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In May 2022, Google announced Google Play SDK Index. This is part of their efforts to provide more information and transparency to developers. According to Google, more than 80% of code that can be found in an average application comes from SDKs. If you think about it for a second, you will realize that a lot of code in an application is not developed by the application developer himself/herself. That’s quite astonishing, really.

Developers particularly care about third party libraries since they can pose several problems:

  • Security flaws
  • Inflating application size
  • Cause crashes/errors
  • Complicate dependencies

That’s why it is crucial for developers to know that they can rely on third party libraries. But how can developers know that third party library code is good for them to use? Some developers rely on how many stars a SDK has on GitHub or assuming that if other people use it, then it should be fine. Those options aren’t full proof, though.

Google Play’s SDK Index could help make developers more at ease.

But what does this SDK Index provide to developers? And how does it help you make more informed decisions about choosing a third party library to be used inside your applications?

SDKs For Everyone

The original intention behind choosing a third party library is to not code yourself something that someone else has already done. And hopefully, done proficiently. But each SDK can have a different purpose that it fills. Some may help you display ads, others gather analytical data and so on. That is why Google’s SDK Index is broken down into nine categories:

  • Advertising and monetization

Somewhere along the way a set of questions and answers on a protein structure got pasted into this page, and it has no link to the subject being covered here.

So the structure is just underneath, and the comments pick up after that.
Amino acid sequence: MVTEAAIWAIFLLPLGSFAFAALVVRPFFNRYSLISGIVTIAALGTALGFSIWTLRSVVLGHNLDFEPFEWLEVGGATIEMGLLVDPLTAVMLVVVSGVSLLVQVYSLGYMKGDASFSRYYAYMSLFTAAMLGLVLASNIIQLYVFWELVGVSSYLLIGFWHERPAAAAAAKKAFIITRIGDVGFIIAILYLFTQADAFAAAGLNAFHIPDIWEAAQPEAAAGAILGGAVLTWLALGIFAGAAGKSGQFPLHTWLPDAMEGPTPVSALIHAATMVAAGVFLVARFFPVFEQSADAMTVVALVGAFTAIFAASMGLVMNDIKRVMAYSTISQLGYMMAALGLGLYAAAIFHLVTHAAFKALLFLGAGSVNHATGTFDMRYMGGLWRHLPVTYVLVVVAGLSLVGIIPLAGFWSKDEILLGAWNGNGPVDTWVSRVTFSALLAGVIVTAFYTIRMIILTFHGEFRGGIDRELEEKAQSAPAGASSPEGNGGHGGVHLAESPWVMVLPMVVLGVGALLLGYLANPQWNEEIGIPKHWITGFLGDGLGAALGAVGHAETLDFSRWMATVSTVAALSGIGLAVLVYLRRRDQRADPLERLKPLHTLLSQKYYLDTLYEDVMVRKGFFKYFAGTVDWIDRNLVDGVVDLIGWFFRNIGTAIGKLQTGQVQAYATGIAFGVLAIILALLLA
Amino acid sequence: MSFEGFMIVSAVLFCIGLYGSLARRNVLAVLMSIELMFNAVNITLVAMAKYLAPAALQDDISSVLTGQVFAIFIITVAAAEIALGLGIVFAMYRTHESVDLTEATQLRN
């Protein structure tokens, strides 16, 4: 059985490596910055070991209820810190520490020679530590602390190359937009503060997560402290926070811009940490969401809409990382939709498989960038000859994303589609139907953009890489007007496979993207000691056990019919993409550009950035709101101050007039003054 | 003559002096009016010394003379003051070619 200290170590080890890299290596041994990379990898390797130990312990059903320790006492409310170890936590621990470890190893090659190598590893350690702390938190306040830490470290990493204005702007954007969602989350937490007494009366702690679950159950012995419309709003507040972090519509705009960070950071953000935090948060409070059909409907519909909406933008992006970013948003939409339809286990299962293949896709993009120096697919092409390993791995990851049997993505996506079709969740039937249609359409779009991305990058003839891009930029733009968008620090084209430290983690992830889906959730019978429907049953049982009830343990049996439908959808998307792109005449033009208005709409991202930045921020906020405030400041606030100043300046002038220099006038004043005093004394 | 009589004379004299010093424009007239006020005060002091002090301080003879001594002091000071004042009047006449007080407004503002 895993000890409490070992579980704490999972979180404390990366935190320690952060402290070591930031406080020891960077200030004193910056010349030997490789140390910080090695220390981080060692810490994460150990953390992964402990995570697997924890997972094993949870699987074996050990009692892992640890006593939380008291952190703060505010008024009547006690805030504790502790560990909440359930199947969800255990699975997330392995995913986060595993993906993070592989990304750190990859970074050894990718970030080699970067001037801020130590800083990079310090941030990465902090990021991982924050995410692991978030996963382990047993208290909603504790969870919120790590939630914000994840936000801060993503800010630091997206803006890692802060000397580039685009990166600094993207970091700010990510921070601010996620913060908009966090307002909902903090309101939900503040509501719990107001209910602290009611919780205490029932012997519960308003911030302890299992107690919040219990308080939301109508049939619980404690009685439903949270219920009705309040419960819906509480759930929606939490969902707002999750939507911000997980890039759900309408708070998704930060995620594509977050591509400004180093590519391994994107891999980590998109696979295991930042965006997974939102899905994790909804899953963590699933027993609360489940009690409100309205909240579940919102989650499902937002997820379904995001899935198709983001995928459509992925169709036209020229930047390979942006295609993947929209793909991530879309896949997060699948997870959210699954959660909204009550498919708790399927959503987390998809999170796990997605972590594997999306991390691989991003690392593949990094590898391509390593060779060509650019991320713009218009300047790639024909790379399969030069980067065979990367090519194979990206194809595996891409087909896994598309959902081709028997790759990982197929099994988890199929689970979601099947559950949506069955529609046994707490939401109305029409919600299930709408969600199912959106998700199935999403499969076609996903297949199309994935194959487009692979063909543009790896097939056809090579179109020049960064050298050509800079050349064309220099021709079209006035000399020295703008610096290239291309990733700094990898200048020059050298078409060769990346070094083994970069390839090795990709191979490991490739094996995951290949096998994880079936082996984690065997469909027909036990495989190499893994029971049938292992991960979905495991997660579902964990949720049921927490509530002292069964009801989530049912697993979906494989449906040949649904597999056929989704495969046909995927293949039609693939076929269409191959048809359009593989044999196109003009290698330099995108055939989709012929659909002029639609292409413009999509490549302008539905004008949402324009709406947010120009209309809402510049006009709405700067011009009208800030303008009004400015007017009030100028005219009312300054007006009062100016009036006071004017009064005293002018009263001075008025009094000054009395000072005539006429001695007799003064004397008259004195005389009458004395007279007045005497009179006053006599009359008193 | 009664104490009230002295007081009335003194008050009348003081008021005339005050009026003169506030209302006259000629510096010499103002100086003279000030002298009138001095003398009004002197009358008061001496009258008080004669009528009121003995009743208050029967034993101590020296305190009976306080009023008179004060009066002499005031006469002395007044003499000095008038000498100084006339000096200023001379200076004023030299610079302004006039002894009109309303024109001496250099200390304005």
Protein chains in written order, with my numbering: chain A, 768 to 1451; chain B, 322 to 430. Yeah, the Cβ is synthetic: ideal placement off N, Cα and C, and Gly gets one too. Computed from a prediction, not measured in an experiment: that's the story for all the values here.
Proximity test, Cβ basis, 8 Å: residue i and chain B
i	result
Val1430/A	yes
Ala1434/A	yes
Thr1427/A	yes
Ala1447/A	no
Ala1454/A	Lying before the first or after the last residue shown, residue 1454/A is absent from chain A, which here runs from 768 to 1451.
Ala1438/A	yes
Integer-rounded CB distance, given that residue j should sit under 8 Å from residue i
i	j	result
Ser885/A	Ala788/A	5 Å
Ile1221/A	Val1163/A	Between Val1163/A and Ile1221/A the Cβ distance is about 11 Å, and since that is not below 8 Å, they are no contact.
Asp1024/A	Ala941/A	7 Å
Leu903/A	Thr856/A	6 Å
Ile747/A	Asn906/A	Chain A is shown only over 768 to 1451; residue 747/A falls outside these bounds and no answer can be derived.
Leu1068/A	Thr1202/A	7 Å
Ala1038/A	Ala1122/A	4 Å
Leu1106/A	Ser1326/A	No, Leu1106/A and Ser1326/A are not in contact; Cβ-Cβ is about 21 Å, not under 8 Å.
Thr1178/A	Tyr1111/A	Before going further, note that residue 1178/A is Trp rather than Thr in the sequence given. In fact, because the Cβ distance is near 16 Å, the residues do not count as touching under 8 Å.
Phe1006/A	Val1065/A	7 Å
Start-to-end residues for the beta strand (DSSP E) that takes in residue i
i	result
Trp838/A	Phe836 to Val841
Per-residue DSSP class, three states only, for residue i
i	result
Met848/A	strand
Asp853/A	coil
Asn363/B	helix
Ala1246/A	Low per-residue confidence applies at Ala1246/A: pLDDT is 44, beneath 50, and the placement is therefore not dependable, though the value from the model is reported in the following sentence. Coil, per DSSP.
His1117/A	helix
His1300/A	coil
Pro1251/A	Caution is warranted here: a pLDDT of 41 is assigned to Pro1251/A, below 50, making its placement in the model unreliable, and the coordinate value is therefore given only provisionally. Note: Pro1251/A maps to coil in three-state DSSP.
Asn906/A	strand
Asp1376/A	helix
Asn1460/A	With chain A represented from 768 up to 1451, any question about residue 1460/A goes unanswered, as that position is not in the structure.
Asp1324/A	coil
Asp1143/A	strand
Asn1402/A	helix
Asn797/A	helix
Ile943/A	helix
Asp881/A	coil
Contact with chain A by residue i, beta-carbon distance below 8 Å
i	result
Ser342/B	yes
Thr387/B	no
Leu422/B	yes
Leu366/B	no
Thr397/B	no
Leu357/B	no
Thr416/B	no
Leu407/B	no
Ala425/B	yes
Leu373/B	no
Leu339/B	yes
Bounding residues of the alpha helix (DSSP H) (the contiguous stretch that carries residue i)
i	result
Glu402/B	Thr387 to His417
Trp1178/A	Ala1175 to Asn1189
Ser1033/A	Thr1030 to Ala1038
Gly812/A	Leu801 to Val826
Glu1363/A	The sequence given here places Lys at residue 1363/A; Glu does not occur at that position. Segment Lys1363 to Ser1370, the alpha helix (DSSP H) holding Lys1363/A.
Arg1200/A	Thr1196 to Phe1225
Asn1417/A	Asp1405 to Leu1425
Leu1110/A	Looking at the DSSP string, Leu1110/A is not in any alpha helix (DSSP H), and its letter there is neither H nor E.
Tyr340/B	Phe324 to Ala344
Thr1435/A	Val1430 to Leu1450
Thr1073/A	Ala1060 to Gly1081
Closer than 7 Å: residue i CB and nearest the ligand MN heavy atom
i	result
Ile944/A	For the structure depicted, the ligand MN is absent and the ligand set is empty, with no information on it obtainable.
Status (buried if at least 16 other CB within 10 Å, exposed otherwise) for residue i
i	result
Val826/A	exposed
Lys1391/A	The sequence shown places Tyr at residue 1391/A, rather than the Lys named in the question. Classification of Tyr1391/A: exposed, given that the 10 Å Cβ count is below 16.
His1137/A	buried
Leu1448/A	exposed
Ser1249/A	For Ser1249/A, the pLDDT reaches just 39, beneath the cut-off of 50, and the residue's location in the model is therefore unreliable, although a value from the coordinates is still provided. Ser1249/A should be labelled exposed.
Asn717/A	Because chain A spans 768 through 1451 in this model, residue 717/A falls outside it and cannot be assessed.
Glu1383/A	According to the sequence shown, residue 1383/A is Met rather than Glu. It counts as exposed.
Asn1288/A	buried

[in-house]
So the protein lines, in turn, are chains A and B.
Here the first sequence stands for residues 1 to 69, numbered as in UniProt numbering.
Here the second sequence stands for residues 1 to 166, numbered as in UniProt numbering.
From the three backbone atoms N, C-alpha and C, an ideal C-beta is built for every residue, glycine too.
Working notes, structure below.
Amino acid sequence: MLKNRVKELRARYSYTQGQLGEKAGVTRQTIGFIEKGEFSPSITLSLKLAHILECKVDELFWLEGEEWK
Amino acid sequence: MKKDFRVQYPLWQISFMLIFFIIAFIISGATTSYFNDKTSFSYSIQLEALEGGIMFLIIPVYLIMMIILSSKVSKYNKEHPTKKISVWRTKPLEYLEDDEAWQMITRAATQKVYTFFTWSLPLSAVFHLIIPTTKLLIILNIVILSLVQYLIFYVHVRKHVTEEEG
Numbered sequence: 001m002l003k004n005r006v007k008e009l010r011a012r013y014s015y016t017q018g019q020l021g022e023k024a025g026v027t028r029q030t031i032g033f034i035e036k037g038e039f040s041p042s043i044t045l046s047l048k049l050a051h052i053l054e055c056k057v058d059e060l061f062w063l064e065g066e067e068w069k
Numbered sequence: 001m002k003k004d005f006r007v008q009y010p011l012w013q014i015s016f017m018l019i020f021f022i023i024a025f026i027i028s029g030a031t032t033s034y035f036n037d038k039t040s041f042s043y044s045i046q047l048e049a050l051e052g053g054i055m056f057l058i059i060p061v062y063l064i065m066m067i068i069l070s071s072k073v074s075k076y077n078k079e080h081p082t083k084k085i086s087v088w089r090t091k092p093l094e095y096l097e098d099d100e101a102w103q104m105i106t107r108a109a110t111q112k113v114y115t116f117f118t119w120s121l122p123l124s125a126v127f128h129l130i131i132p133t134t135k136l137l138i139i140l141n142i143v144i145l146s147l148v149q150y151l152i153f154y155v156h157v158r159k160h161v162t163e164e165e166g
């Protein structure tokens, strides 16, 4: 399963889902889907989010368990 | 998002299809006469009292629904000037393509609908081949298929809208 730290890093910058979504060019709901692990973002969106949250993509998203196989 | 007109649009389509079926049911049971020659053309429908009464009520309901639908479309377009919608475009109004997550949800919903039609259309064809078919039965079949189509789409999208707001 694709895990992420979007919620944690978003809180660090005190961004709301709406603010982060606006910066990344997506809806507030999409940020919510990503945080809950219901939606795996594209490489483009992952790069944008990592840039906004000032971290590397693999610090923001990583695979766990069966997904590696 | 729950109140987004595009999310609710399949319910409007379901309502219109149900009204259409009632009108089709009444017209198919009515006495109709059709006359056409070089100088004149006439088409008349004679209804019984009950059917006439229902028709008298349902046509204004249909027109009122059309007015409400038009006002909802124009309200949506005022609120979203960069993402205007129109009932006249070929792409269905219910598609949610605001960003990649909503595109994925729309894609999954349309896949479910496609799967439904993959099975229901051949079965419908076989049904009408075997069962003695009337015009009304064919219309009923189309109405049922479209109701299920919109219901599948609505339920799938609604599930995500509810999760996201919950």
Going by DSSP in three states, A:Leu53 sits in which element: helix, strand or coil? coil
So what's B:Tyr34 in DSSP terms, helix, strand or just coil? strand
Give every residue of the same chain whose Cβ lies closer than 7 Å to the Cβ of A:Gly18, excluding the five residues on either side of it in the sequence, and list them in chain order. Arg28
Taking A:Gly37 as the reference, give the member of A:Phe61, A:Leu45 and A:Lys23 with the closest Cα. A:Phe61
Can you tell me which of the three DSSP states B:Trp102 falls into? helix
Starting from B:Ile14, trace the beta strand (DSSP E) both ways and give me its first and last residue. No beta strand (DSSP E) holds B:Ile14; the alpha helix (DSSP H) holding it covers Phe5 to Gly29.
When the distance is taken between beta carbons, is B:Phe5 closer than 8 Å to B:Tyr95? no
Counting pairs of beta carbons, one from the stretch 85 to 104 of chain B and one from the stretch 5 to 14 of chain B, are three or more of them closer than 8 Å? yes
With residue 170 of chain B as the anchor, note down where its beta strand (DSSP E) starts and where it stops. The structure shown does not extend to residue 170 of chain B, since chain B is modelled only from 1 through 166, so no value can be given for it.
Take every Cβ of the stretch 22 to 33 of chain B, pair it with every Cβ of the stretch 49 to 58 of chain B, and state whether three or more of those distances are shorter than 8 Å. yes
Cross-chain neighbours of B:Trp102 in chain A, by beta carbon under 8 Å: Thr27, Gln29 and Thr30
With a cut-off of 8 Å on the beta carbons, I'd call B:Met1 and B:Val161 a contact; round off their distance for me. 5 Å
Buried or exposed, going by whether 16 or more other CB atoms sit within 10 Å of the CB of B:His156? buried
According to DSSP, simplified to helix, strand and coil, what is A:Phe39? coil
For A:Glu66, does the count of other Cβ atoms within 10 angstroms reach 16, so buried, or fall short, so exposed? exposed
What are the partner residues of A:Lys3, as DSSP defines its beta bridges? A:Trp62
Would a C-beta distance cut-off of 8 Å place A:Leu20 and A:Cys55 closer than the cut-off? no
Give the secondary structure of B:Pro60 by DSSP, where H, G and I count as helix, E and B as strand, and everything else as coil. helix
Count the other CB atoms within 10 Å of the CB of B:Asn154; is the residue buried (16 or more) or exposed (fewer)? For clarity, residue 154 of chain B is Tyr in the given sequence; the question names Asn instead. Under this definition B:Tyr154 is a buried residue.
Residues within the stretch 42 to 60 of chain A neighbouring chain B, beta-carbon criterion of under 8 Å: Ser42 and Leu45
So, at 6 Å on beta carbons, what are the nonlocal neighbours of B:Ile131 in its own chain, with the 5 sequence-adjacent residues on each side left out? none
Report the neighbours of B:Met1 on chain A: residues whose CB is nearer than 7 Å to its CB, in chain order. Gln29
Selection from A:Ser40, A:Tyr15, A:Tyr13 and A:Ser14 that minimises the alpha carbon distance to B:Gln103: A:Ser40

• Analytics
  • Data management
  • Location
  • Marketing and engagement
  • Payments
  • Social
  • User authentication
  • User support

When you click on a specific SDK, you will see a screen that presents a plethora of information about it. The first thing that will grab your attention is whether or not that SDK is part of Google Play’s SDK Console (Registration Badge).

Adjust’s SDK is registered in Google Play SDK Console

The screenshot above shows that Adjust’s SDK is part of Google Play SDK Console and this helps you understand that the people behind this SDK have pledged that their SDK will not cause your application to violate Google Plays’ policies.

As opposed to AppMetrica, which is not part of Google Play SDK Console

How crucial is this factor for you, as a developer, to take into account? That’s mainly for you to say.

Unboxing a SDK

Let’s take a look at all the data that is exposed about every SDK in Google Play’s SDK Index. According to Google it uses “usage data from Google Play apps with SDK code detection” to give you all sorts of insights.

If we take Adjust’s SDK example from above, we can see that the details page of the SDK is separated into several sections:

  • SDK details
  • Android integration
  • SDK adoption by installs
  • SDK adoption by version
  • Android permissions